Openconnect website does have a chapter called "Running as a non-root user".

However, if you read it more closely, you will see that it does not answer the question of how to run openconnect as a non-root user. You ether need to call /etc/vpnc/vpnc-script as a root, or you need to use ip tools, which also require root access. In other words, you'll need root access one way and the other.

However, there are legit use cases when we need to grant a user the ability to connect to a VPN, while we still don't want them to have full root access.

How do you cope with that?

  • openconnect has a NetworkManager (which is tagged in this question) agent. Can you use NetworkManager without being root? If the answer is yes, that's it.
    – A.B
    May 19 at 22:57
  • I believe that might be a solution, but I'm yet to find a working .nmconnection file for a CISCO Anyconnect client. man nm-settings-keyfile(5) not very helpful as relevant examples are lacking.
    – foki
    May 19 at 23:53

1 Answer 1


This is a very unspecific answer, but you can configure tools like 'sudo' to give specific users the ability to run specific commands or script with specifically changed permissions. So you could allow a user sudo permissions to run openconnect and no other command with sudo.

Words of warning, giving a user sudo permissions to run ip is unsave. It can be used to gain a general root shell as explained in the gtfobins.

  • Good point. Listing commands with sudo access is both unsafe and nonpractical here. The former is due to what you referred to. The latter is because /etc/vpnc/vpnc-script invokes multiple other commands, and exploring the source code of a script to extract the list of programs you should "whitelist" in the /etc/sudoers file is not a practical solution.
    – foki
    May 19 at 22:44
  • As far as I understand you don't need to whitelist all the commands in the script, you just need to whitelist the script. As long as the script is not editable to the user and you can't supply arguments to the script to do things, they are not supposed to do, AND the user can not change the binaries called from the script, it should be save. This is always scary, but it is how access control works and I don't know how it could be improved.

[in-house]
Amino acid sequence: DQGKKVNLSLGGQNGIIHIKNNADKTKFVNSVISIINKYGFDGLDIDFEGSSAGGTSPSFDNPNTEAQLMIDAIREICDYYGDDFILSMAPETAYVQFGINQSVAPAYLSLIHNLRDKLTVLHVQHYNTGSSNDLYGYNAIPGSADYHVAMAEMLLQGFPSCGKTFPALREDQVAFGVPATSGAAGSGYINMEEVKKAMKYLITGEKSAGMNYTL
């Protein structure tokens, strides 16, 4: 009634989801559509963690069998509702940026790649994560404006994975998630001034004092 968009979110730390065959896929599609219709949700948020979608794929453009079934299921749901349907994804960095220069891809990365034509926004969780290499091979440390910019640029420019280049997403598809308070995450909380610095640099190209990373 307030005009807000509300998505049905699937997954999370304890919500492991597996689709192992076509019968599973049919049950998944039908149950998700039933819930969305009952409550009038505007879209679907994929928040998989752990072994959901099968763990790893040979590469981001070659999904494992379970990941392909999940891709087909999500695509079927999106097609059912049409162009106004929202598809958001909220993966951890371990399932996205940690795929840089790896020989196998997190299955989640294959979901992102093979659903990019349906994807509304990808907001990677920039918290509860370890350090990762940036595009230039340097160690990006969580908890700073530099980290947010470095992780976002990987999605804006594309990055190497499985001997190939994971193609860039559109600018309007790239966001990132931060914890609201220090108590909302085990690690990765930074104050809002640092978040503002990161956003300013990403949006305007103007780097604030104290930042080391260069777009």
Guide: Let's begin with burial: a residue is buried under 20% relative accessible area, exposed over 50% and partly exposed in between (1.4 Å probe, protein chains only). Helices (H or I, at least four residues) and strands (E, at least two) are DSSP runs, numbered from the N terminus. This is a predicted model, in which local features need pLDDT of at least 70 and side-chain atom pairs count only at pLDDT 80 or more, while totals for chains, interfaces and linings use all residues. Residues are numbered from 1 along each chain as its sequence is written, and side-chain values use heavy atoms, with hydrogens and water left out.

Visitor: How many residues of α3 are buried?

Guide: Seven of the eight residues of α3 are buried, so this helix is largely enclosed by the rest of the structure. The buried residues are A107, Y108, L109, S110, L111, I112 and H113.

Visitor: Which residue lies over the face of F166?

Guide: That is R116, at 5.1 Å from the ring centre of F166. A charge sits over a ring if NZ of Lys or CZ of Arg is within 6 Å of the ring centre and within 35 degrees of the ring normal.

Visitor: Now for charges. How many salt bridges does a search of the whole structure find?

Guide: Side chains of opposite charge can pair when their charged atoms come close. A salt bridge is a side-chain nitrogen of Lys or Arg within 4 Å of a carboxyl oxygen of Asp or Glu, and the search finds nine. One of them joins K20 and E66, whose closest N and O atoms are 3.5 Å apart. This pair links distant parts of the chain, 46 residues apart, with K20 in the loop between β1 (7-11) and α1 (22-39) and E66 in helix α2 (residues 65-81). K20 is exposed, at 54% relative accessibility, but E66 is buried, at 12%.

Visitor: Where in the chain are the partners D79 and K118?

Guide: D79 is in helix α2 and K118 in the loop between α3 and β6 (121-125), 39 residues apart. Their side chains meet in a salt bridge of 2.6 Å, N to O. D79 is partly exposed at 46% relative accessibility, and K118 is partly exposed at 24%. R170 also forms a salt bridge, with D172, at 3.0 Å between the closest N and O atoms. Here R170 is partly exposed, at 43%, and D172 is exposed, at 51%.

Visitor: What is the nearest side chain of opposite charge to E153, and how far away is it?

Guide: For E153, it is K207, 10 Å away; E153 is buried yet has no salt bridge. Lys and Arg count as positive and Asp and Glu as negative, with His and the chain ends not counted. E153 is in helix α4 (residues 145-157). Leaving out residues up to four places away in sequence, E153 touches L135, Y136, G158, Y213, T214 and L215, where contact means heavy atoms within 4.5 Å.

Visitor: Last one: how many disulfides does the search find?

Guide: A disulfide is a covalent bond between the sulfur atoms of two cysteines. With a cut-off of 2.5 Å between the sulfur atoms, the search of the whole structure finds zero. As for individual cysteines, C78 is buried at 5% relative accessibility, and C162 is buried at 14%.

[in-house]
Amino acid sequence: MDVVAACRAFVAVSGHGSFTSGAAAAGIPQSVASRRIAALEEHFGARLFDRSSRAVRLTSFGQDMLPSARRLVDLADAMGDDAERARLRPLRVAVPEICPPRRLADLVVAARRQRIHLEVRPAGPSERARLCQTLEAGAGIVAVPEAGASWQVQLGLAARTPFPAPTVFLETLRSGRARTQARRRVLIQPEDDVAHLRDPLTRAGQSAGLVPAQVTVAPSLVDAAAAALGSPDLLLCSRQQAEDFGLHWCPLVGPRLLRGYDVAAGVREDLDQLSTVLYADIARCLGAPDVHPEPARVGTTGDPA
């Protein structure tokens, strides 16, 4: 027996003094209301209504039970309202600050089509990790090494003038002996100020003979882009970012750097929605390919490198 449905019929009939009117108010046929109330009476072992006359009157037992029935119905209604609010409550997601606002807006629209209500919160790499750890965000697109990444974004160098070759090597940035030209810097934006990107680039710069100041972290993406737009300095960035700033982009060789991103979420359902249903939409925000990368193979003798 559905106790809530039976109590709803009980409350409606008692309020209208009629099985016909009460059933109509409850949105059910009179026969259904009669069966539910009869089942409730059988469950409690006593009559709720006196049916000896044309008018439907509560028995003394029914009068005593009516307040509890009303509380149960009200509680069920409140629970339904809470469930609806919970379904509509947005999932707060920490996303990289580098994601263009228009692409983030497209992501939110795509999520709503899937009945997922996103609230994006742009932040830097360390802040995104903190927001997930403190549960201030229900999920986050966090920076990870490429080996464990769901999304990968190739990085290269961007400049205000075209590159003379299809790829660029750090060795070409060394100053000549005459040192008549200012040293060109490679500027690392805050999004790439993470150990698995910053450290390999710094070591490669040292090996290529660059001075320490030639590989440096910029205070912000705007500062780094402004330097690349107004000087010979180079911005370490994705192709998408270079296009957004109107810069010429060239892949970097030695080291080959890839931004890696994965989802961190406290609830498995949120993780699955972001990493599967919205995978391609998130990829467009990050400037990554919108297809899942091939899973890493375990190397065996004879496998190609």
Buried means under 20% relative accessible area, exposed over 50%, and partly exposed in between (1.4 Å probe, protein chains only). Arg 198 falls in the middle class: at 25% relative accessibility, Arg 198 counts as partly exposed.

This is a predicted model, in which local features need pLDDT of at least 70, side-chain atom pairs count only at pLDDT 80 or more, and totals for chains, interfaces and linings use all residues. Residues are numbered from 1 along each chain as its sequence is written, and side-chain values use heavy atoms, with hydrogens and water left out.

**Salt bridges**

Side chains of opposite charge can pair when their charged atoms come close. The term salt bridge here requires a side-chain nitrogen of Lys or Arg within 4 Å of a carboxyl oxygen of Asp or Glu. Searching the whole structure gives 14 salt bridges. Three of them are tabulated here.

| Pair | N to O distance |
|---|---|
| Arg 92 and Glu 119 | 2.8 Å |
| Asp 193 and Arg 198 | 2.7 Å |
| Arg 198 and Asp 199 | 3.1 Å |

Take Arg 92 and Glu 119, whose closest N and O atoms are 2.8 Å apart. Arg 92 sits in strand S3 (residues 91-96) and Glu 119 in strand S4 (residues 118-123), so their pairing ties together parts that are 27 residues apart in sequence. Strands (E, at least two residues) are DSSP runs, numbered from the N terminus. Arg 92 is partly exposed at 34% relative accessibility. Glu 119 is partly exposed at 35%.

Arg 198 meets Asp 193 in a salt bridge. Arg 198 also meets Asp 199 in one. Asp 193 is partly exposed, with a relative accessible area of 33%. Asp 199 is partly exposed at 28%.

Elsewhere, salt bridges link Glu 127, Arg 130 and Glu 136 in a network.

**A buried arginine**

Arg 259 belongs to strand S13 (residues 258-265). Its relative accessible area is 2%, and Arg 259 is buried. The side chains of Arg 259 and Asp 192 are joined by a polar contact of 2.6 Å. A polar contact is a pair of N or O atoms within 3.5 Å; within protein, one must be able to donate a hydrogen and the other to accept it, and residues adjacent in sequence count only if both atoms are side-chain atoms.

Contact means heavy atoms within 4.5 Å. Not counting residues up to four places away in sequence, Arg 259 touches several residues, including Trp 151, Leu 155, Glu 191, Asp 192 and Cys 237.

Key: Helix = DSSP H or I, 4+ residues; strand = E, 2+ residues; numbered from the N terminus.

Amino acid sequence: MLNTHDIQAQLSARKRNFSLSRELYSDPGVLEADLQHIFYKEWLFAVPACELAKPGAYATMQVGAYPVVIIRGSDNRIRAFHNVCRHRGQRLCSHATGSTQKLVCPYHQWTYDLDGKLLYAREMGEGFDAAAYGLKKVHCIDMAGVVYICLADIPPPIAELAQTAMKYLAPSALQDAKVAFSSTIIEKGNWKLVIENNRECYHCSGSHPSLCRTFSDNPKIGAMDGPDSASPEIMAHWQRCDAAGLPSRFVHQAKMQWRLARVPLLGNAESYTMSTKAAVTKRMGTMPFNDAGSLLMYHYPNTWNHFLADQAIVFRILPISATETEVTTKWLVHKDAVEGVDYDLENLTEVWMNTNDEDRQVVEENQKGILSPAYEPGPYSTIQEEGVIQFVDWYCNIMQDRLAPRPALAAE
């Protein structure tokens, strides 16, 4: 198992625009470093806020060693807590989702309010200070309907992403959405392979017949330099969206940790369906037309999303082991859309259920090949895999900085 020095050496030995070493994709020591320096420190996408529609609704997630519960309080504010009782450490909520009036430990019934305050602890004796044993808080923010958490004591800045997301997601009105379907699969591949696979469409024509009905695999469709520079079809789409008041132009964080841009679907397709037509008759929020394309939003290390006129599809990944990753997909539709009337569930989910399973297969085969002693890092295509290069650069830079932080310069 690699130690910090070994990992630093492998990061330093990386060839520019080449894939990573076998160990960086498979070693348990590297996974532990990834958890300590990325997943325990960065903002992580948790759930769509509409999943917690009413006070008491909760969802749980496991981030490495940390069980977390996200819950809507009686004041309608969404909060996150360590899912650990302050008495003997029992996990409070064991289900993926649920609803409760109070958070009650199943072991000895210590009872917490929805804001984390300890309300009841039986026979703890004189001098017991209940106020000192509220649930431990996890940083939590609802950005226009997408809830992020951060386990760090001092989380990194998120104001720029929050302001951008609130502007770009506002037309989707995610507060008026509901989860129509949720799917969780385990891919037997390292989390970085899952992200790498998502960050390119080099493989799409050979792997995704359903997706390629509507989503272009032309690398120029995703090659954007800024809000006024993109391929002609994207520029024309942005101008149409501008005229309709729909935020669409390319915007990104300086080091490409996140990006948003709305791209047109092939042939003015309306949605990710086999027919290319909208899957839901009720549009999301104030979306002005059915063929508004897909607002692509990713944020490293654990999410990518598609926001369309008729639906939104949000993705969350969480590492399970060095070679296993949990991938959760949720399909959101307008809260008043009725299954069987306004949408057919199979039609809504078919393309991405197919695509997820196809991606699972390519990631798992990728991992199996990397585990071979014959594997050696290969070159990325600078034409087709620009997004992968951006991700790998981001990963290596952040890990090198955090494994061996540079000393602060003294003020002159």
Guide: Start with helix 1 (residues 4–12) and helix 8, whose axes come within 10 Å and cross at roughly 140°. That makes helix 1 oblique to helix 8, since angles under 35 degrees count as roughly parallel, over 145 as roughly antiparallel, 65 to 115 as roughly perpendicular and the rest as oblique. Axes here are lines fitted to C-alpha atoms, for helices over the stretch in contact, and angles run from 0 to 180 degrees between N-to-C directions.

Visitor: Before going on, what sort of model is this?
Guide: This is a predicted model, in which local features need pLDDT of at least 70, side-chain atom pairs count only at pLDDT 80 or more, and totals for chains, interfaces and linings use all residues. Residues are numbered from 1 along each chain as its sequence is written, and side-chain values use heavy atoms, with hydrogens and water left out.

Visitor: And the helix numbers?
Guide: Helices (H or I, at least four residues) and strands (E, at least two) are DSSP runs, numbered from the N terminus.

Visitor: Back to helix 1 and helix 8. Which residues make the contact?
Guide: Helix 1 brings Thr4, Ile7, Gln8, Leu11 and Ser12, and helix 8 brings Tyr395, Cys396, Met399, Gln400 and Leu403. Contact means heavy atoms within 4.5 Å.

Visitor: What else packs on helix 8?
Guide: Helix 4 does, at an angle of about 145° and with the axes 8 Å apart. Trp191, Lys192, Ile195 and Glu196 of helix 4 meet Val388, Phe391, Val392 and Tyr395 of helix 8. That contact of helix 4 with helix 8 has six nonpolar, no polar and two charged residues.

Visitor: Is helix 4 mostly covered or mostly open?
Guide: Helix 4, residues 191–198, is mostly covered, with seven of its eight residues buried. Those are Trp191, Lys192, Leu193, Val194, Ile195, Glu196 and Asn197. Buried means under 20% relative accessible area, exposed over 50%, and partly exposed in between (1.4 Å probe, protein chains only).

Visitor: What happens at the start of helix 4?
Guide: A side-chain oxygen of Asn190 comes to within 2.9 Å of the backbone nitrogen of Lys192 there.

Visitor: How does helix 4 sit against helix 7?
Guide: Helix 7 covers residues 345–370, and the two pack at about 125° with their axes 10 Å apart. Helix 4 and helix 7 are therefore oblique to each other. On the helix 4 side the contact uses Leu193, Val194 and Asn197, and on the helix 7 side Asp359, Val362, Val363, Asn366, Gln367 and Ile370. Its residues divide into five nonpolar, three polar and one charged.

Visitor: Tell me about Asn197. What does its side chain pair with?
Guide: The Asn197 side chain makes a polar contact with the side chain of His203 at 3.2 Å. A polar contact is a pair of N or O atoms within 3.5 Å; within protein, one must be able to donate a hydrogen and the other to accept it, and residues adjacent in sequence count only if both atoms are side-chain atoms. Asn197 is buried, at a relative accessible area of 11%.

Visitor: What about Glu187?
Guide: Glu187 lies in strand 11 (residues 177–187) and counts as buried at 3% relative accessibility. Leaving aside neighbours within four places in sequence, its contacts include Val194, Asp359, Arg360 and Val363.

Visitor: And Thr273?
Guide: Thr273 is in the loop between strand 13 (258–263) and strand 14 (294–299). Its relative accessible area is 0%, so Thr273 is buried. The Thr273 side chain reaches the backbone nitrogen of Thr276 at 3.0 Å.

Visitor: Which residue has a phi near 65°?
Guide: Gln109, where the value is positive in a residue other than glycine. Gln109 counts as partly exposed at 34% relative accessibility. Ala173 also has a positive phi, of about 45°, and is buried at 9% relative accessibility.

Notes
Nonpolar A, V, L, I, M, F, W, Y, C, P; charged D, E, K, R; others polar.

– bananabook
    May 20 at 7:39
  • What useful script do you know to which you cannot supply arguments. For example, ip is not save (even has -batch flag through which you can supply any script). It's very unsave. See gtfobins.github.io/gtfobins/ip/#sudo
    – foki
    May 20 at 15:34
  • You don't need to know a script you can just write one yourself. And my answer already linked that method.
    – bananabook
    May 20 at 15:40
  • 1
    Well, there are many reasons. For example, if you do sudo openconnect -b ... your process will be owned by root not your user. That is, you'll not be able to do pkill openconnect, for example. On the other hand, if you now "whitelist" kill, the user will be able to kill any process, and so on ...
    – foki
    May 20 at 22:52

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